Looks to be a few degrees warmer on Wednesday, ranging from the
upper 80s to lower 90s.

.LONG TERM (Wednesday Night through Monday)...
Issued at 330 AM EDT Tue Aug 19 2014

...Heat is on the Way...

We`ll remain in an active NW flow through Thursday evening with
several rounds of sct-num showers and storms possible.  Wednesday
evening we could see a round of strong to possibly severe storms
with gusty winds and hail near a warm front.  However storms
will be declining in strength throughout the late evening hours.
Storms Wed night will still pose a heavy rain threat throughout the
overnight hours with PWATs in the 1.8-2 inch range.

Thursday/Thurs evening we`ll continue to see rounds of showers and
storms although strength and exact organization is uncertain due to
several factors including a strengthening ridge building in from the
west, warm front position pushing farther north, and clouds from
previous convective complexes.  At this point, some strong storms
look possible with at least heavy rain Thu/Thu night.  The potential
is there for strong to severe storms but too many negating factors
stand in the way at this point.

The ridge will continue building in from the south through the
weekend.  This will limit convection to mainly southern IN and
northern/eastern KY for Friday.  Then look for a transition to more
diurnal type t-storms most numerous near the periphery of the ridge
for the weekend and early next week.  Some of these storms could be
strong but no organized severe complexes look apparent attm.

The bigger story for the end of this week through early next week
will be the long awaited arrival of typical summer temperatures.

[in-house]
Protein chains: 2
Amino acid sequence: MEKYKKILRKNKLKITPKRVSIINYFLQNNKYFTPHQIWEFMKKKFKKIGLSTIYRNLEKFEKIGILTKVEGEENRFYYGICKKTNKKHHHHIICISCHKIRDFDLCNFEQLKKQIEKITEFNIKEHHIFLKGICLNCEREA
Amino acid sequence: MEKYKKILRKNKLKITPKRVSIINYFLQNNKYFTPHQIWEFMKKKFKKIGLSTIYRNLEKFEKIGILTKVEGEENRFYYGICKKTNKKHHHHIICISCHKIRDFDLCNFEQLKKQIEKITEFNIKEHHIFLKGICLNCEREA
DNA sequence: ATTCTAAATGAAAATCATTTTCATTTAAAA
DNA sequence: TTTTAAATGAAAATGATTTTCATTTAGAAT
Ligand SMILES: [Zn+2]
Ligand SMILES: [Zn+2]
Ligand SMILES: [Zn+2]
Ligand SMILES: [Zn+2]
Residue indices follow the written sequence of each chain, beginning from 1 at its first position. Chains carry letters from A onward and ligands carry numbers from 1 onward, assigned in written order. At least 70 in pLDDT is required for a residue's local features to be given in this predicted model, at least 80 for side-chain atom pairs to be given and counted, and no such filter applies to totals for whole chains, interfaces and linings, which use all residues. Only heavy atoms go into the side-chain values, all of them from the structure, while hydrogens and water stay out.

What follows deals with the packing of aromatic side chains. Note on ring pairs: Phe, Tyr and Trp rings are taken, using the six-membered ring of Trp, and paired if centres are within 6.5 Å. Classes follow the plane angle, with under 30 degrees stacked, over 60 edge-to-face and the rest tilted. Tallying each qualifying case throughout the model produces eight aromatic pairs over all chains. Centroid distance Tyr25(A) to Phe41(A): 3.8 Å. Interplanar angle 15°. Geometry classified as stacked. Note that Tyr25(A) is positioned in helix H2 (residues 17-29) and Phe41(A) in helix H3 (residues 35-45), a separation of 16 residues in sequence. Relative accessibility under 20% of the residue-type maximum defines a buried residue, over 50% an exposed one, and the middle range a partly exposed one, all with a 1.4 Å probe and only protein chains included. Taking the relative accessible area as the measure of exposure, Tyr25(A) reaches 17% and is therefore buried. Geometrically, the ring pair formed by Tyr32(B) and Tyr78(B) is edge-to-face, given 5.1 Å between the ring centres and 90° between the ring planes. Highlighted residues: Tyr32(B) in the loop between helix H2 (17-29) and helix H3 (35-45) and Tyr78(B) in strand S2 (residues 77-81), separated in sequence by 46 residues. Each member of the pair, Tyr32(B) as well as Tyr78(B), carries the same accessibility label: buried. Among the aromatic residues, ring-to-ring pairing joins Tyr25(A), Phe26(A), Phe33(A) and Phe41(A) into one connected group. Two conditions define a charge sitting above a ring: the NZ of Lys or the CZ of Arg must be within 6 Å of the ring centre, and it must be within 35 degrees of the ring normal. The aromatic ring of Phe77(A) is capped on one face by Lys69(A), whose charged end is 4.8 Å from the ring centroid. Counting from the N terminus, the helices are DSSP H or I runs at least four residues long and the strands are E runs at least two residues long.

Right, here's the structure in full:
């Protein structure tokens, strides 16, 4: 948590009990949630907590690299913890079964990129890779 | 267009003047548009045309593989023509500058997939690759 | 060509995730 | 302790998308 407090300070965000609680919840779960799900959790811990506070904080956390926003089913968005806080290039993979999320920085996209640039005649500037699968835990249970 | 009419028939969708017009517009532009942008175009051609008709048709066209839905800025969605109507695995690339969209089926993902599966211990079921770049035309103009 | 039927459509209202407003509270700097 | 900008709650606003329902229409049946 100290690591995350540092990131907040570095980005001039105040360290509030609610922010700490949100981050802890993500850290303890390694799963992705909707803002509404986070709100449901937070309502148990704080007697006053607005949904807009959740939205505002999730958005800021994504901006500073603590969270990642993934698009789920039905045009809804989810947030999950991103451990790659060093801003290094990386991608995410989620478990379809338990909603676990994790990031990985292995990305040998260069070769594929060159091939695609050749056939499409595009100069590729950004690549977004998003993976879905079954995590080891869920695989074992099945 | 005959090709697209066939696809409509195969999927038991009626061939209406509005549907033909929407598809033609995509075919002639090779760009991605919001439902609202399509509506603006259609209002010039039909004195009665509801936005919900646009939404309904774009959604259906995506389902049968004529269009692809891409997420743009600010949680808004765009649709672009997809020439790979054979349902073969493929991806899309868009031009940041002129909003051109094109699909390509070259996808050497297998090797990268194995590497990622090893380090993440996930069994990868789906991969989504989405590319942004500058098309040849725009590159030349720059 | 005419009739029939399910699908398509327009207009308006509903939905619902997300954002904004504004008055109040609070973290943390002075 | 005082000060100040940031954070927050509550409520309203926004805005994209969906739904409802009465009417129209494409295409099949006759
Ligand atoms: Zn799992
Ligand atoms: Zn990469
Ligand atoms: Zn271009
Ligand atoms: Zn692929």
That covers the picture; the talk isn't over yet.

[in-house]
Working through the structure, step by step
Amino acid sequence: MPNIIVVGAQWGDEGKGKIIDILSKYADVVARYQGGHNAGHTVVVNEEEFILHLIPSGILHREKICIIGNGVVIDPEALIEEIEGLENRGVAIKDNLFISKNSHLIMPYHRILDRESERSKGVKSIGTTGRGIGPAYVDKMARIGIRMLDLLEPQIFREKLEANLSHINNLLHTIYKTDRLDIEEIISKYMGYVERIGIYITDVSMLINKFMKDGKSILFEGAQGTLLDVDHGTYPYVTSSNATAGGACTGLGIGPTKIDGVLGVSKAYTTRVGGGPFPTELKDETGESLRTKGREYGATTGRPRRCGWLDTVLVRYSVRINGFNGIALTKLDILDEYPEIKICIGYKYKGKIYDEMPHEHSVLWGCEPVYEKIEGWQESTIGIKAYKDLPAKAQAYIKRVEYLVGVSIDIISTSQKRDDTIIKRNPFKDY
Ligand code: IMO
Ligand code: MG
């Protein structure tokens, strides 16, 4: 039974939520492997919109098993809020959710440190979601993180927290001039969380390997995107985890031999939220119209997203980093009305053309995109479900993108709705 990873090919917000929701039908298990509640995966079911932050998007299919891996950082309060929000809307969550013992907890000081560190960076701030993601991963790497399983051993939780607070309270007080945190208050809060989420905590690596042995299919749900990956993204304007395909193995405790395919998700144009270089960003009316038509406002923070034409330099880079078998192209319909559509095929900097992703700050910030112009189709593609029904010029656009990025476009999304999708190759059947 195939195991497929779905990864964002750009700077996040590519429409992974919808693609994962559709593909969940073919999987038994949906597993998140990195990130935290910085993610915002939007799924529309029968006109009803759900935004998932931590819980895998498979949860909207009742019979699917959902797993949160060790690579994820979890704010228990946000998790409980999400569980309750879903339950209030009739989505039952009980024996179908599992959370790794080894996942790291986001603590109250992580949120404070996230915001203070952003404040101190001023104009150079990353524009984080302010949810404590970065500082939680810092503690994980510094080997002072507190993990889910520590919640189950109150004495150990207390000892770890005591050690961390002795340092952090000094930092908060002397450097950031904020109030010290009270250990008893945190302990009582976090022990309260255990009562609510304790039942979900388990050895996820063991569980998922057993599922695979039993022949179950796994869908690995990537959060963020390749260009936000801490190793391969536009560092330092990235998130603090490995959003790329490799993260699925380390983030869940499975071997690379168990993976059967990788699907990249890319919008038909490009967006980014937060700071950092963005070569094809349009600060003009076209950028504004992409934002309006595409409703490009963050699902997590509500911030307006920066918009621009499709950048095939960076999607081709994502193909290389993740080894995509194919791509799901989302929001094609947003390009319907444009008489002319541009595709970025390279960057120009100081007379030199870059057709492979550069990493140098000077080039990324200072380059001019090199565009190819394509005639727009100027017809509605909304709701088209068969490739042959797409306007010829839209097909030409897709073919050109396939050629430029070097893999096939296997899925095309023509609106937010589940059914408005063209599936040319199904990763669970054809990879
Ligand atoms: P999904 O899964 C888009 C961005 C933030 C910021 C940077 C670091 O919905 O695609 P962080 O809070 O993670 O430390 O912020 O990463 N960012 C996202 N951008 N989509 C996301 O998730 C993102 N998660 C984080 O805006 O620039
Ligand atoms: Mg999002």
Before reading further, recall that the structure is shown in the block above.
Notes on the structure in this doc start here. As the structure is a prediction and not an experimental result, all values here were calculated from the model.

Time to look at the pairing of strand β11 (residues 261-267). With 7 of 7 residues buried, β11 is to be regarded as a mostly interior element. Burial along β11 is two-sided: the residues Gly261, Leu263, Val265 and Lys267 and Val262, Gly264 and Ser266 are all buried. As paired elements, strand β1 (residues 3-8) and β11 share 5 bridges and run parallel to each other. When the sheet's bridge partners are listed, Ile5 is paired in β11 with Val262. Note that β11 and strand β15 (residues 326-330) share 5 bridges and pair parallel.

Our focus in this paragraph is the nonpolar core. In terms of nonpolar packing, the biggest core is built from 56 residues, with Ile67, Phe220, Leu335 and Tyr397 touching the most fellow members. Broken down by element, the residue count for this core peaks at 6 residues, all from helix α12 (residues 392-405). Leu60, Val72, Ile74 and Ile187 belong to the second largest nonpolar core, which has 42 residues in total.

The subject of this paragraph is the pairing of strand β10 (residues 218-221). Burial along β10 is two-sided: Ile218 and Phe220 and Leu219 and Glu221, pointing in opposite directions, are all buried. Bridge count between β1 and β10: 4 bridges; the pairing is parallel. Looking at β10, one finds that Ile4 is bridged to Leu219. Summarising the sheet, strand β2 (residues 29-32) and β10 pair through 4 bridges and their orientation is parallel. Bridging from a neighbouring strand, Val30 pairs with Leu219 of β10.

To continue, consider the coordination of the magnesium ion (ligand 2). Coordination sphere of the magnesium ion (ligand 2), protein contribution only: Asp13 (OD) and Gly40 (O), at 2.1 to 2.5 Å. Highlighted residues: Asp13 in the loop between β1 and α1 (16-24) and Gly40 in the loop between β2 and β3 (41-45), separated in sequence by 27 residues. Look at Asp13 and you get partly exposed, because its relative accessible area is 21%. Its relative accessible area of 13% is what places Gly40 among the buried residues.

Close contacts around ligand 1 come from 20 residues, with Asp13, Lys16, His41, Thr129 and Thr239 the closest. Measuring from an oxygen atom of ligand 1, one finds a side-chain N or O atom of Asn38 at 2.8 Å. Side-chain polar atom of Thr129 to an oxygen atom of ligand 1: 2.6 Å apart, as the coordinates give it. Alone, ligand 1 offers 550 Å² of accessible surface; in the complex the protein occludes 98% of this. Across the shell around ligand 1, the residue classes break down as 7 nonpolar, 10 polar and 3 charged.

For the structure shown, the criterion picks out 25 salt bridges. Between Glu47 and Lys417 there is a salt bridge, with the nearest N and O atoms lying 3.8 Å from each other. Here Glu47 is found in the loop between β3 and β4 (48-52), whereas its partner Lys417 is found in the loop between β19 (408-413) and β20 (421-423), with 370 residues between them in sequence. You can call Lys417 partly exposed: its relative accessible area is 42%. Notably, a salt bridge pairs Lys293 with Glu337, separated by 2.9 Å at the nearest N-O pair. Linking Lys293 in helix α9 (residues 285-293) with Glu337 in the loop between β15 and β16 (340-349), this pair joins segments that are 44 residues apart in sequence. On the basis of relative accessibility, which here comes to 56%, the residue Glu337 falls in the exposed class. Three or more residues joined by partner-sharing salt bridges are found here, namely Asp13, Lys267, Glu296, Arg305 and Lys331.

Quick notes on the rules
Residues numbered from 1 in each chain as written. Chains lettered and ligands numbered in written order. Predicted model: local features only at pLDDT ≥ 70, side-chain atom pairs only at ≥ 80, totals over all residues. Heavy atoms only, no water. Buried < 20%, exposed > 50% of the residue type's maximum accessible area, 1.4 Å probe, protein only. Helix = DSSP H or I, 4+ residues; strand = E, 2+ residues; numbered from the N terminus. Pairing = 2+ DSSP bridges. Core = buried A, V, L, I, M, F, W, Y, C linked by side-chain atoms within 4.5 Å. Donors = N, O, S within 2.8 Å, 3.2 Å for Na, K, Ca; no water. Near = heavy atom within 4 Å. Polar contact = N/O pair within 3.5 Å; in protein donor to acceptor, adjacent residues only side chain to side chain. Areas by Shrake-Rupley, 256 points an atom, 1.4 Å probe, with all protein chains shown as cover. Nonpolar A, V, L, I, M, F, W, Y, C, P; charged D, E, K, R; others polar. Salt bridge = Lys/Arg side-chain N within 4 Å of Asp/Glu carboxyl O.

The strong ridge will bring an airmass with h85 temps in the 22-24
degree C range.  Although antecedent wet conditions with lush green
vegetation will limit our max temps some as previous forecaster
noted, think that high temps will solidly reach the low to mid 90s
for Fri-Mon with heat indices topping 100 degrees especially west of
I-65.  Will need to watch this period for possible heat index/air
quality products.


.AVIATION (12Z TAF Update)...
Issued at 651 AM EDT Tue Aug 19 2014

The three terminals and surrounding areas have had rather dynamic
visibility issues, ranging from MVFR to LIFR at various times this
morning. The reduction in visbys is not anticipated to last much
longer, burning off within a couple hours after full sunrise. A
shift in aviation concerns occurs by midday today through the
remainder of the TAF period as a series of upper-level disturbances
rotate through the Ohio Valley. The primary concern for impactful
weather within the terminal areas will be focused around this
evening. However, the unorganized and relatively unpredictable
nature of these storms limits the ability to include definable
mention in this issuance.

Light to calm winds this morning will increase throughout the day
and remain primarily out of the SW through tonight. Winds should be
around 10 knots during the daylight hours and will be stronger in
and around any storms that develop, with the added concern of quick
wind shifts.


KY...DENSE FOG ADVISORY until 9 AM EDT /8 AM CDT/ this morning FOR

IN...DENSE FOG ADVISORY until 9 AM EDT /8 AM CDT/ this morning FOR



Short Term.....lg
Long Term......AMS